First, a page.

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Bosnia and Herzegovina's declaration of sovereignty in October 1991, was followed by a referendum for independence from the former Yugoslavia in February 1992. The Bosnian Serbs - supported by neighboring Serbia - responded with armed resistance aimed at partitioning the republic along ethnic lines and joining Serb-held areas to form a "greater Serbia." In March 1994, Bosniaks and Croats reduced the number of warring factions from three to two by signing an agreement creating a joint Bosniak/Croat Federation of Bosnia and Herzegovina. On 21 November 1995, in Dayton, Ohio, the warring parties signed a peace agreement that brought to a halt the three years of interethnic civil strife (the final agreement was signed in Paris on 14 December 1995). The Dayton Agreement retained Bosnia and Herzegovina's international boundaries and created a joint multi-ethnic and democratic government. This national government is charged with conducting foreign, economic, and fiscal policy. Also recognized was a second tier of government comprised of two entities roughly equal in size: the Bosniak/Croat Federation of Bosnia and Herzegovina and the Bosnian Serb-led Republika Srpska (RS). The Federation and RS governments are charged with overseeing internal functions. In 1995-96, a NATO-led international peacekeeping force (IFOR) of 60,000 troops served in Bosnia to implement and monitor the military aspects of the agreement. IFOR was succeeded by a smaller, NATO-led Stabilization Force (SFOR) whose mission is to deter renewed hostilities. SFOR remains in place at a level of approximately 21,000 troops.

Update No: 060 - (18/04/02)

Hunt for the fugitives
The international community is very concerned to follow up its victory in obtaining the surrender of Milosevic to the Hague by procuring the seizure of Radovan Karadzie, former leader of Serbian Bosnia. They are offering US$3.5m as a reward for information leading to his capture. He is known to be lurking in eastern regions of the Federation, always able to slip over into Serbia itself if necessary, where he has friends among the security forces, who with senior army figures are sheltering him.
Another fugitive from justice is Radko Mladic, former chief general of the Bosnian Serbs in the 1992-95 civil war. His whereabouts are quite unknown. He might be in Bosnia or in Belgrade itself, where he has been sighted.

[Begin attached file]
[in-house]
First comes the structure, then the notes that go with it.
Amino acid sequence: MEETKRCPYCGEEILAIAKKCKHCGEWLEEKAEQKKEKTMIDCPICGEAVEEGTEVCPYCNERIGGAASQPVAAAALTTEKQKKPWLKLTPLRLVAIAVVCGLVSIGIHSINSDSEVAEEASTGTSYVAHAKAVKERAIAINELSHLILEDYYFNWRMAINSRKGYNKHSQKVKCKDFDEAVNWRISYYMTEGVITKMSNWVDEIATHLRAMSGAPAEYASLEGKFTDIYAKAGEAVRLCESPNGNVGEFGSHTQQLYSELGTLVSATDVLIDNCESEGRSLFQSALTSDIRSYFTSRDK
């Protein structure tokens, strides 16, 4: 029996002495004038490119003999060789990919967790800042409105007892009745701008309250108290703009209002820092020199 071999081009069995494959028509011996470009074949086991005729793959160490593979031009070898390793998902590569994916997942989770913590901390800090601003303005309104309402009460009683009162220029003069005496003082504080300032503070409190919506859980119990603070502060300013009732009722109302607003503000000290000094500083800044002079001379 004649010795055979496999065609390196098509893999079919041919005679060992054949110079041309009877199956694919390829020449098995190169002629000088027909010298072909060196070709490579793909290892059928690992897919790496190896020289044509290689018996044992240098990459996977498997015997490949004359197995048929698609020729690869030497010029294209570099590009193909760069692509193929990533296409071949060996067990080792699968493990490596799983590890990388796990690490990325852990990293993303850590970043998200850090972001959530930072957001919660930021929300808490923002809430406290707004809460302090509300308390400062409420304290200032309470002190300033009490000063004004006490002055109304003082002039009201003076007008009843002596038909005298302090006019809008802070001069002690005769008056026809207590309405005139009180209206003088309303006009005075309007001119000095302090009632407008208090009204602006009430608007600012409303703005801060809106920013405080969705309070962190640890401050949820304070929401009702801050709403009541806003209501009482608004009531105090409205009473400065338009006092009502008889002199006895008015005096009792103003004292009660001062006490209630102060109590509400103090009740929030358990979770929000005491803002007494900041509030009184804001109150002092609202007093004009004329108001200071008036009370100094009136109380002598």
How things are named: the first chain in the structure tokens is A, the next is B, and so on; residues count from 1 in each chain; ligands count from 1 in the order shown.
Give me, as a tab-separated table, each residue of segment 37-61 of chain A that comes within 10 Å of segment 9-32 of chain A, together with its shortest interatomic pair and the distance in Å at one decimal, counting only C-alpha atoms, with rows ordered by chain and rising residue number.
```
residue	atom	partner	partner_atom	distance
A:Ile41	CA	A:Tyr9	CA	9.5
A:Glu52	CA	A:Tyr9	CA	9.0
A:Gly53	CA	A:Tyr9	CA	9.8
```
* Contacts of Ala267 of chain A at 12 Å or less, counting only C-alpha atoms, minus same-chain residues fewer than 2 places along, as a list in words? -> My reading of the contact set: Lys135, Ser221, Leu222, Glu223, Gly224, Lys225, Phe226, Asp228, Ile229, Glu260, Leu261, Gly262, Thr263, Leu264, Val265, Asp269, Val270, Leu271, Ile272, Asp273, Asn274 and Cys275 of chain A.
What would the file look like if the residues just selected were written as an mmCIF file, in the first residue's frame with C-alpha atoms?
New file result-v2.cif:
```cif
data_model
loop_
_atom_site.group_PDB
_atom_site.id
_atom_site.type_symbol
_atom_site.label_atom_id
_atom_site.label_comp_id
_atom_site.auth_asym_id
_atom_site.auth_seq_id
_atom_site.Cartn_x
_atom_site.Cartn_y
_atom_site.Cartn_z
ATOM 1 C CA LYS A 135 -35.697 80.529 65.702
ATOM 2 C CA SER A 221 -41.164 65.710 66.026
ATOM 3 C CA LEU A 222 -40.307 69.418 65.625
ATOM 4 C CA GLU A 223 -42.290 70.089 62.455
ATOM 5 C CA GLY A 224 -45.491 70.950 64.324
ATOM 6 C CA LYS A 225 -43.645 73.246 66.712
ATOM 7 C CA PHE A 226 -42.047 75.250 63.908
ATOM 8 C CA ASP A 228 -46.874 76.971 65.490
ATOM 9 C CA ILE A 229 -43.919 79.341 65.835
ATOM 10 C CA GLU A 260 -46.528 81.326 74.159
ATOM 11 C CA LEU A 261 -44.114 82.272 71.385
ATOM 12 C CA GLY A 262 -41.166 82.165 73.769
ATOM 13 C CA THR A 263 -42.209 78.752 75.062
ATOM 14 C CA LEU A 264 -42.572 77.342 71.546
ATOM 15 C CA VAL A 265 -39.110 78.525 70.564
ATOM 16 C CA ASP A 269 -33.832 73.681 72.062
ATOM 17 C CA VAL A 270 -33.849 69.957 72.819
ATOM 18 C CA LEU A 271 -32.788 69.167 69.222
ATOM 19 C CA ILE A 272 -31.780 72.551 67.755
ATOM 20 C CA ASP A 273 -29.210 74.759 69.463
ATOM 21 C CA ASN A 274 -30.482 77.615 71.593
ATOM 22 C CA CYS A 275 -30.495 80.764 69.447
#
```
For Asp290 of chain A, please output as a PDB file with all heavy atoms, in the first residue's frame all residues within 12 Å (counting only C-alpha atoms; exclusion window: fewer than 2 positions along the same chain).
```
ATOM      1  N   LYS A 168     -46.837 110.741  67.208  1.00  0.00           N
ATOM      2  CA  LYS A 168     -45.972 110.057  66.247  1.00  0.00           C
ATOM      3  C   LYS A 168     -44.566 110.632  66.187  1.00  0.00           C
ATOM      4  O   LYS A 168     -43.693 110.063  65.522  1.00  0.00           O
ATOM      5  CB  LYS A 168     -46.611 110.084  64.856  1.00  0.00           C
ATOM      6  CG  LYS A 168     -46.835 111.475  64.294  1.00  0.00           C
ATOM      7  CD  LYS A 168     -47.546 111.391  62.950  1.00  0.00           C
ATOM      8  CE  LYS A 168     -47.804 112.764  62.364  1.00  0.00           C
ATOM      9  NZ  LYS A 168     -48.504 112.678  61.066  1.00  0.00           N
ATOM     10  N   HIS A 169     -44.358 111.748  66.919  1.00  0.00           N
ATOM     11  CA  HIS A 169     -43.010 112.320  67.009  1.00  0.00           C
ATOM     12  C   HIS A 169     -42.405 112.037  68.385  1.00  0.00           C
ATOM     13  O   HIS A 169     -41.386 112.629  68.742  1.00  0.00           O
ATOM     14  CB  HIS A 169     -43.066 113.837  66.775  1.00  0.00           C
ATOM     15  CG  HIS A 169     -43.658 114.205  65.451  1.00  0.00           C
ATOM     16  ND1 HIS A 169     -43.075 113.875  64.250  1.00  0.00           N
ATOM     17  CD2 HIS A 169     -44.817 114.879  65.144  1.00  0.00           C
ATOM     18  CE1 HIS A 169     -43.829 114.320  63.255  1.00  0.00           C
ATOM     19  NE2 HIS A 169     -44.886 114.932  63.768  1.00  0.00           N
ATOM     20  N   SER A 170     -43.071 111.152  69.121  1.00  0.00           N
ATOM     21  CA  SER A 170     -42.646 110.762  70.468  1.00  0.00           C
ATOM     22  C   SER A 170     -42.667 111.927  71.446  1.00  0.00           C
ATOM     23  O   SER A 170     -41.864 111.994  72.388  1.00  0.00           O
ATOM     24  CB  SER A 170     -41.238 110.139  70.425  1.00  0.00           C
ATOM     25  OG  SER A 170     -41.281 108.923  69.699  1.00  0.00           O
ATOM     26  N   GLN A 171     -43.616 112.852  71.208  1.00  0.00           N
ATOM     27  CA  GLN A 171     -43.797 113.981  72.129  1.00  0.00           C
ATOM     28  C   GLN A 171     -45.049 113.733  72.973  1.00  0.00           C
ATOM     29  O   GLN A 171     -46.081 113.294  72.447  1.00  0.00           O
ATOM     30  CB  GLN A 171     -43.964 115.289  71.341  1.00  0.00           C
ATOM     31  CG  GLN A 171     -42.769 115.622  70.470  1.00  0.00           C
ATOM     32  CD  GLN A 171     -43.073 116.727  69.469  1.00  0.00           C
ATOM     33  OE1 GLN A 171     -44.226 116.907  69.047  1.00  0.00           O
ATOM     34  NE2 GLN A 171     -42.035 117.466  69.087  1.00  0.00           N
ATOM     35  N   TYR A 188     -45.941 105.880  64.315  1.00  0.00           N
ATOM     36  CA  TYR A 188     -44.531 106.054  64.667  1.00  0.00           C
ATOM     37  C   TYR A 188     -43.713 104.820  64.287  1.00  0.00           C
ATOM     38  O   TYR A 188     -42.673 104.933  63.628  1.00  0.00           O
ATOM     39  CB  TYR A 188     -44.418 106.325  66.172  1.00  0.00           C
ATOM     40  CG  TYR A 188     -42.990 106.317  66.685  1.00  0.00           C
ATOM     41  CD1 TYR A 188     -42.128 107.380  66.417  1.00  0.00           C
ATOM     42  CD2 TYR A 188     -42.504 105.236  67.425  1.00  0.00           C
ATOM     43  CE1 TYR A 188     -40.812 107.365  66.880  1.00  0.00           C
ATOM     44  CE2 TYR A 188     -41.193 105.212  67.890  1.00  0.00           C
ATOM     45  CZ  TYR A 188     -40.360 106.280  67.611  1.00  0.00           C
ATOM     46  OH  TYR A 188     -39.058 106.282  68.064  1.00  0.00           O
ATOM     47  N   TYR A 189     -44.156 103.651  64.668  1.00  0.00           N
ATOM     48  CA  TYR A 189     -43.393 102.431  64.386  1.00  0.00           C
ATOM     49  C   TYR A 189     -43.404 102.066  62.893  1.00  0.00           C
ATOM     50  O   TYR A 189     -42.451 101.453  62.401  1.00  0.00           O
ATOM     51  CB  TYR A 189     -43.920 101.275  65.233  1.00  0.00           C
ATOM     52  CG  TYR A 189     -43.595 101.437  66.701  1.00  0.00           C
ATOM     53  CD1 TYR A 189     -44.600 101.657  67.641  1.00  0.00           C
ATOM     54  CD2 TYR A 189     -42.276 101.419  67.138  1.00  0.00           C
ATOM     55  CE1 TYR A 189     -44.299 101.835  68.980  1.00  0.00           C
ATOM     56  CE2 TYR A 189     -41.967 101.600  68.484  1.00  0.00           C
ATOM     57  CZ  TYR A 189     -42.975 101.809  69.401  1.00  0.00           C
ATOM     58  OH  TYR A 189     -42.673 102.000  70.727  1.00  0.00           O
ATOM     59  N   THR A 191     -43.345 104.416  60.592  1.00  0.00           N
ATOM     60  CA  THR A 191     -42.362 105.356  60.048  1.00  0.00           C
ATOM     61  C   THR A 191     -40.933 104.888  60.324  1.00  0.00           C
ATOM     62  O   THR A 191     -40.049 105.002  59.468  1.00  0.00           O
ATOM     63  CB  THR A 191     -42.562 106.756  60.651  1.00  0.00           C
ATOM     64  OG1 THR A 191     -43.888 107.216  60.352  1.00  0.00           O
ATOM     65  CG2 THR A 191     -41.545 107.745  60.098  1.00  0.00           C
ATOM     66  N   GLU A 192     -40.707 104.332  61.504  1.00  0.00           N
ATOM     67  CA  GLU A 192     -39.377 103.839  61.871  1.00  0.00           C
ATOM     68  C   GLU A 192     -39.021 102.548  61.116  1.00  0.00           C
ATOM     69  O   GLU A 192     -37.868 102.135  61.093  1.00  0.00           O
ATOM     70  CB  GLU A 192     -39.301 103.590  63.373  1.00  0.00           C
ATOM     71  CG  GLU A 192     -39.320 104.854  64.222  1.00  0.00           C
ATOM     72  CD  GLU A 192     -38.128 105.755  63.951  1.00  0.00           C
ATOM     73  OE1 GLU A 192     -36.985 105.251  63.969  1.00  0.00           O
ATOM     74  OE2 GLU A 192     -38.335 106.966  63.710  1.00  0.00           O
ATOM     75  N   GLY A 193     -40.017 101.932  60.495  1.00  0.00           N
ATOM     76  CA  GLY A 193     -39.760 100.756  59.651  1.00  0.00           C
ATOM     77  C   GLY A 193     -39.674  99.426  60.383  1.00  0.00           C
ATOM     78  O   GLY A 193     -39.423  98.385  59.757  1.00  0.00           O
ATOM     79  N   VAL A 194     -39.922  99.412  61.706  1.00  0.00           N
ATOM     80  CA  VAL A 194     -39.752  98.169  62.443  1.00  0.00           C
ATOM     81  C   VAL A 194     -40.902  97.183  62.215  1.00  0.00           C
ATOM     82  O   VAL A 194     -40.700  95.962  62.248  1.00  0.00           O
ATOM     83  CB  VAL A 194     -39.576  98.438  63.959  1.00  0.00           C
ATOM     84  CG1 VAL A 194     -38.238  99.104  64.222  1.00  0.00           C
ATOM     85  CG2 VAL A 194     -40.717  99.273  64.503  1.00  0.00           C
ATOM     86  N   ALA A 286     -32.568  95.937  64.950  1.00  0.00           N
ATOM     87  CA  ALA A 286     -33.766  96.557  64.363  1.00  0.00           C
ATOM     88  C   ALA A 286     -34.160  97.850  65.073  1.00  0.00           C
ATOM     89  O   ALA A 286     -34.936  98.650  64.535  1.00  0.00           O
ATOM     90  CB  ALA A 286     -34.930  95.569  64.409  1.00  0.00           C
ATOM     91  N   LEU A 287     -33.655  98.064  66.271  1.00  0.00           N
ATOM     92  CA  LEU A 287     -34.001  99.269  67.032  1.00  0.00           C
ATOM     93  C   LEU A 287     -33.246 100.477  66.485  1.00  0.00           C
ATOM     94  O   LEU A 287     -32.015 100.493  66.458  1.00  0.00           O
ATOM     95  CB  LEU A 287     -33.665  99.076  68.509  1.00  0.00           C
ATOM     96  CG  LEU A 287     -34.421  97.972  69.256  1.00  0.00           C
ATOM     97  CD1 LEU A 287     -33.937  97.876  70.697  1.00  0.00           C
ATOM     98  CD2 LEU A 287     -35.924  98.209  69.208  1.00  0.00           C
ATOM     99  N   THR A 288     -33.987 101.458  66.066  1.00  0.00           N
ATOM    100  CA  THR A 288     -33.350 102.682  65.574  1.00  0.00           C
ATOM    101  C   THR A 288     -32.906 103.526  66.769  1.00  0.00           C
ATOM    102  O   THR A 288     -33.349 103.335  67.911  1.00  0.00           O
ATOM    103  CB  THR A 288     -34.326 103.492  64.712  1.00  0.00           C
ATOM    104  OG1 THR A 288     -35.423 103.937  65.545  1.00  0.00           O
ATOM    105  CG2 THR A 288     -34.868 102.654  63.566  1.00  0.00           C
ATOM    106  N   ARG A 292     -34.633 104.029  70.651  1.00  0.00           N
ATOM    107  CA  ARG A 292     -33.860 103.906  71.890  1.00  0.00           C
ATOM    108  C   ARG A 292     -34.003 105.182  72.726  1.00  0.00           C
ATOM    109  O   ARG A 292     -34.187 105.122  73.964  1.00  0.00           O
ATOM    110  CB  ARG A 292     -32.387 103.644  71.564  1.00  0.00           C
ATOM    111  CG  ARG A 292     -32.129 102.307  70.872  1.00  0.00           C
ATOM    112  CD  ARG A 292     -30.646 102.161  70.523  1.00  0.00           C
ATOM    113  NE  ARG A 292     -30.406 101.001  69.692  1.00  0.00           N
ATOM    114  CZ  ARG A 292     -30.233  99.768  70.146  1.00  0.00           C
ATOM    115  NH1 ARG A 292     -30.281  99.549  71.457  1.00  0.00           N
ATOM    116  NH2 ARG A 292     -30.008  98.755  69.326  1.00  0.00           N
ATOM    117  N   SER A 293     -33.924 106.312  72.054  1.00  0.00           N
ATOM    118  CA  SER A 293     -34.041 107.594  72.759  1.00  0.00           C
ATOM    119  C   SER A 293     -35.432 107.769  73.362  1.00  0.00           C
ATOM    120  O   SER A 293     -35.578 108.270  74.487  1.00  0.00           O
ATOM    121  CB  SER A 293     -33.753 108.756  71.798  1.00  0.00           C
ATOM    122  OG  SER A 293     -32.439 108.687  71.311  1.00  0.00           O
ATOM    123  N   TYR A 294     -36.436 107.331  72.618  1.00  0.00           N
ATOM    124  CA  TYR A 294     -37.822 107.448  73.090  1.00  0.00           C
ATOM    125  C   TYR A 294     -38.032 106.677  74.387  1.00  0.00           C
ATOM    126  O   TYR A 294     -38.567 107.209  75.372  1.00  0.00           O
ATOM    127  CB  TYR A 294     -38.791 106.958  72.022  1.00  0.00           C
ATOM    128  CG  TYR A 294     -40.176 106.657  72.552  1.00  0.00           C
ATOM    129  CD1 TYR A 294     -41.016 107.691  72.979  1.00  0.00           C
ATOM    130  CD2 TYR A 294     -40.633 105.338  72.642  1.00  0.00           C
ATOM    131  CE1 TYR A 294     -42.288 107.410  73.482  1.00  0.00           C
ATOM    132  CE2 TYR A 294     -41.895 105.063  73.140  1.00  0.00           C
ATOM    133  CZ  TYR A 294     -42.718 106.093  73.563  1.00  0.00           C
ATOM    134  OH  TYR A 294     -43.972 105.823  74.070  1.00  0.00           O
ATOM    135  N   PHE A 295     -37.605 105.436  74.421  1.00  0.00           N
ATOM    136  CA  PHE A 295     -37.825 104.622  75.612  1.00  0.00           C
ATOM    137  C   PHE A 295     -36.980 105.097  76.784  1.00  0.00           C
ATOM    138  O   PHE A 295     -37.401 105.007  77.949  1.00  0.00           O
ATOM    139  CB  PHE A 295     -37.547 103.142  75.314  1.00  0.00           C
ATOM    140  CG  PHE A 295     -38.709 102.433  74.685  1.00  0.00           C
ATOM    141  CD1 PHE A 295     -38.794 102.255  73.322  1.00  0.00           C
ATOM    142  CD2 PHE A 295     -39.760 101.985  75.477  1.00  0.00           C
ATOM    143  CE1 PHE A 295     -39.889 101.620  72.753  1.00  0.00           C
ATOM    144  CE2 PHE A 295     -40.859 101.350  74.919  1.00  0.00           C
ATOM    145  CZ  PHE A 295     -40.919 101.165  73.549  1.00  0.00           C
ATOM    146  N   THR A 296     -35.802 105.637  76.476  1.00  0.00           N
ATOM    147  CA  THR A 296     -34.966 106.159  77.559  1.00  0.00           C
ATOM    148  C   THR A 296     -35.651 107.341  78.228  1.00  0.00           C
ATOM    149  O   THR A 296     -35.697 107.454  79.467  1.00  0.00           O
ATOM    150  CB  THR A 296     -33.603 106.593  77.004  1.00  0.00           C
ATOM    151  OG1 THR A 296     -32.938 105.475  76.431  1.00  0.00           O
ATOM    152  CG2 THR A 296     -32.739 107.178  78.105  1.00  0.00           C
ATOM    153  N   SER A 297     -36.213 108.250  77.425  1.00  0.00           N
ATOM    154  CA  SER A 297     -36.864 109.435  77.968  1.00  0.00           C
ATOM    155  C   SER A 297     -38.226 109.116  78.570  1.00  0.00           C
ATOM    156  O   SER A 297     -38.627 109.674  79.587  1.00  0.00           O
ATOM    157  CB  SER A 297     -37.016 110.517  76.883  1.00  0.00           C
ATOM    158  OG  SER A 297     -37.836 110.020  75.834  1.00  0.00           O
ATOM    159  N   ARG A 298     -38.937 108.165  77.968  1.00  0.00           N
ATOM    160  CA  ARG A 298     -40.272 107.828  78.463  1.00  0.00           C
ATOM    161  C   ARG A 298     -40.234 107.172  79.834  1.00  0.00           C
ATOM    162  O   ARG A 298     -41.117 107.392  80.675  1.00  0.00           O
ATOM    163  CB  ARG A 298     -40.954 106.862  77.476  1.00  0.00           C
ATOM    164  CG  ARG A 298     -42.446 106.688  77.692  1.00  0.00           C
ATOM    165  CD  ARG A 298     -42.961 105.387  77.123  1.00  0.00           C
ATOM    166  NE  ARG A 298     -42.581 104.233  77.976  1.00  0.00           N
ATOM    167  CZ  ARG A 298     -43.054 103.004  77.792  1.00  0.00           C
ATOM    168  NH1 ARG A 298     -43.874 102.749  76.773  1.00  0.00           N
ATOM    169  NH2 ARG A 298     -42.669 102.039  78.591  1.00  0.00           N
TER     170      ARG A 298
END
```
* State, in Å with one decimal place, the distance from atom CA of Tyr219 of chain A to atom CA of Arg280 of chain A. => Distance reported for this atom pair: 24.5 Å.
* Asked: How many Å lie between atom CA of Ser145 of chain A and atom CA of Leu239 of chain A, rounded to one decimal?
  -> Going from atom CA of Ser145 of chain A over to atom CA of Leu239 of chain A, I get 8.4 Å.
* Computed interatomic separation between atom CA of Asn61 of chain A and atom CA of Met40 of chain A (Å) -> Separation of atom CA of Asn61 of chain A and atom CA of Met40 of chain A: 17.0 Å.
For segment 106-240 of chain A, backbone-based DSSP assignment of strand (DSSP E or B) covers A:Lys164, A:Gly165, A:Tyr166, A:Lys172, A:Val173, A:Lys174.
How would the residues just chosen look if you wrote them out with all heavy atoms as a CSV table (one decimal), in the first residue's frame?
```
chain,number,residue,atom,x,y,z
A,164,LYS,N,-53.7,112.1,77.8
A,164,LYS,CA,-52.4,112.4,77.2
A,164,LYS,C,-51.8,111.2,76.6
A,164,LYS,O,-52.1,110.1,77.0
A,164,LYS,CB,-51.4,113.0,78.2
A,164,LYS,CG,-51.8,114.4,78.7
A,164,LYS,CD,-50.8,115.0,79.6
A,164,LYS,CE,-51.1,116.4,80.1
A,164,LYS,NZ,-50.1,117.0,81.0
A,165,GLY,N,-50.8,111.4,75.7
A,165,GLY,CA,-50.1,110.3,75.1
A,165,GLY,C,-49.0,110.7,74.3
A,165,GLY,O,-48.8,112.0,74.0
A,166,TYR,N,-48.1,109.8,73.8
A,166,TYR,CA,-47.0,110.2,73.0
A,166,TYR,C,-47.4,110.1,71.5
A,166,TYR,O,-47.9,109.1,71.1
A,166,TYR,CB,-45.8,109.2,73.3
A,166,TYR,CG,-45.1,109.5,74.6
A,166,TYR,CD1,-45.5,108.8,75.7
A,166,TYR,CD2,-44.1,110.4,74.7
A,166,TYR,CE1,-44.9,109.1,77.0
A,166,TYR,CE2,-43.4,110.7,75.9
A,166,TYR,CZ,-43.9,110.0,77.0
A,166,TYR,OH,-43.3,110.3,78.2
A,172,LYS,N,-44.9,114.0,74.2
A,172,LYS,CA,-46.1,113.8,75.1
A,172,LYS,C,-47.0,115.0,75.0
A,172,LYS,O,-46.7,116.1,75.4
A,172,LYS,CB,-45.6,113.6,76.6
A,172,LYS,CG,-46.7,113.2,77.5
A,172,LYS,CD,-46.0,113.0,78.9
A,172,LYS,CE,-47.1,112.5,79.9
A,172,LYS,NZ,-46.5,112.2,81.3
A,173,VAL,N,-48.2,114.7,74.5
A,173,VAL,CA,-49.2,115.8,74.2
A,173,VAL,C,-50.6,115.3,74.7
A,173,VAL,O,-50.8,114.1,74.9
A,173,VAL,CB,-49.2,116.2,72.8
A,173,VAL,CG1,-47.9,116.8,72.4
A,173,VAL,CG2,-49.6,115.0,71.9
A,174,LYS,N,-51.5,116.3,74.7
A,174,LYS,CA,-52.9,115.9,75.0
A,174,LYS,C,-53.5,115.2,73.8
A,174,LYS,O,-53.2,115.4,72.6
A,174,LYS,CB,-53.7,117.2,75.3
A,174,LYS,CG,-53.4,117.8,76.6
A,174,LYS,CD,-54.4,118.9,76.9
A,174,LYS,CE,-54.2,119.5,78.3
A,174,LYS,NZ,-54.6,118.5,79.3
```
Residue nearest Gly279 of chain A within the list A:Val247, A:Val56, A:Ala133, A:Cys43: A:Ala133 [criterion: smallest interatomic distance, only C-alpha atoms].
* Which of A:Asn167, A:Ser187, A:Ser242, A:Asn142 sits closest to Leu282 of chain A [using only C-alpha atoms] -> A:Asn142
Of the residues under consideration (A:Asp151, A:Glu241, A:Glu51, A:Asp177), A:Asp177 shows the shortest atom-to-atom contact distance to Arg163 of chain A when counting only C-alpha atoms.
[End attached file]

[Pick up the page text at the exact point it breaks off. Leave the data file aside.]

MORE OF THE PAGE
Looking to the future
The Bosnian Serbs need to clear away the detritus of past misdemeanours. Their current leadership realise that and are cooperating. By helping to find the culprits they are showing their international respectability, which has earned them over US$5bn in international credit since the Dayton Agreement of 1995.
There is no longer any need to bribe the Bosnians to stay together. "In Bosnia four years of fighting led to a kind of exhaustion and realisation on all sides that war is not going to help them," says Wolfgang Petritsch, the International High Representative in Sarajevo, the top international official in the Balkans. The Afghan developments have massively underscored that.

Western involvement essential
But Mr Petritsch warns strongly against pulling out forces too soon in Bosnia, The troops are still needed to rebuild the country, ravaged by war. Petritsch and his colleagues are trying to create an independent judiciary and a legal framework for economic development, including clear rules on the recovery of property by refugees.
What the Bosnians need to do to keep the West interested is to set up legislation to attract foreign investment, not least because this is where the Americans could come back in force again. A new law on foreign investments was passed in the federation's lower house in late December, already adopted in the upper house. But it will take time to assess its full significance.

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Bosnian minister, Iranian envoy discuss possibility of opening Iranian bank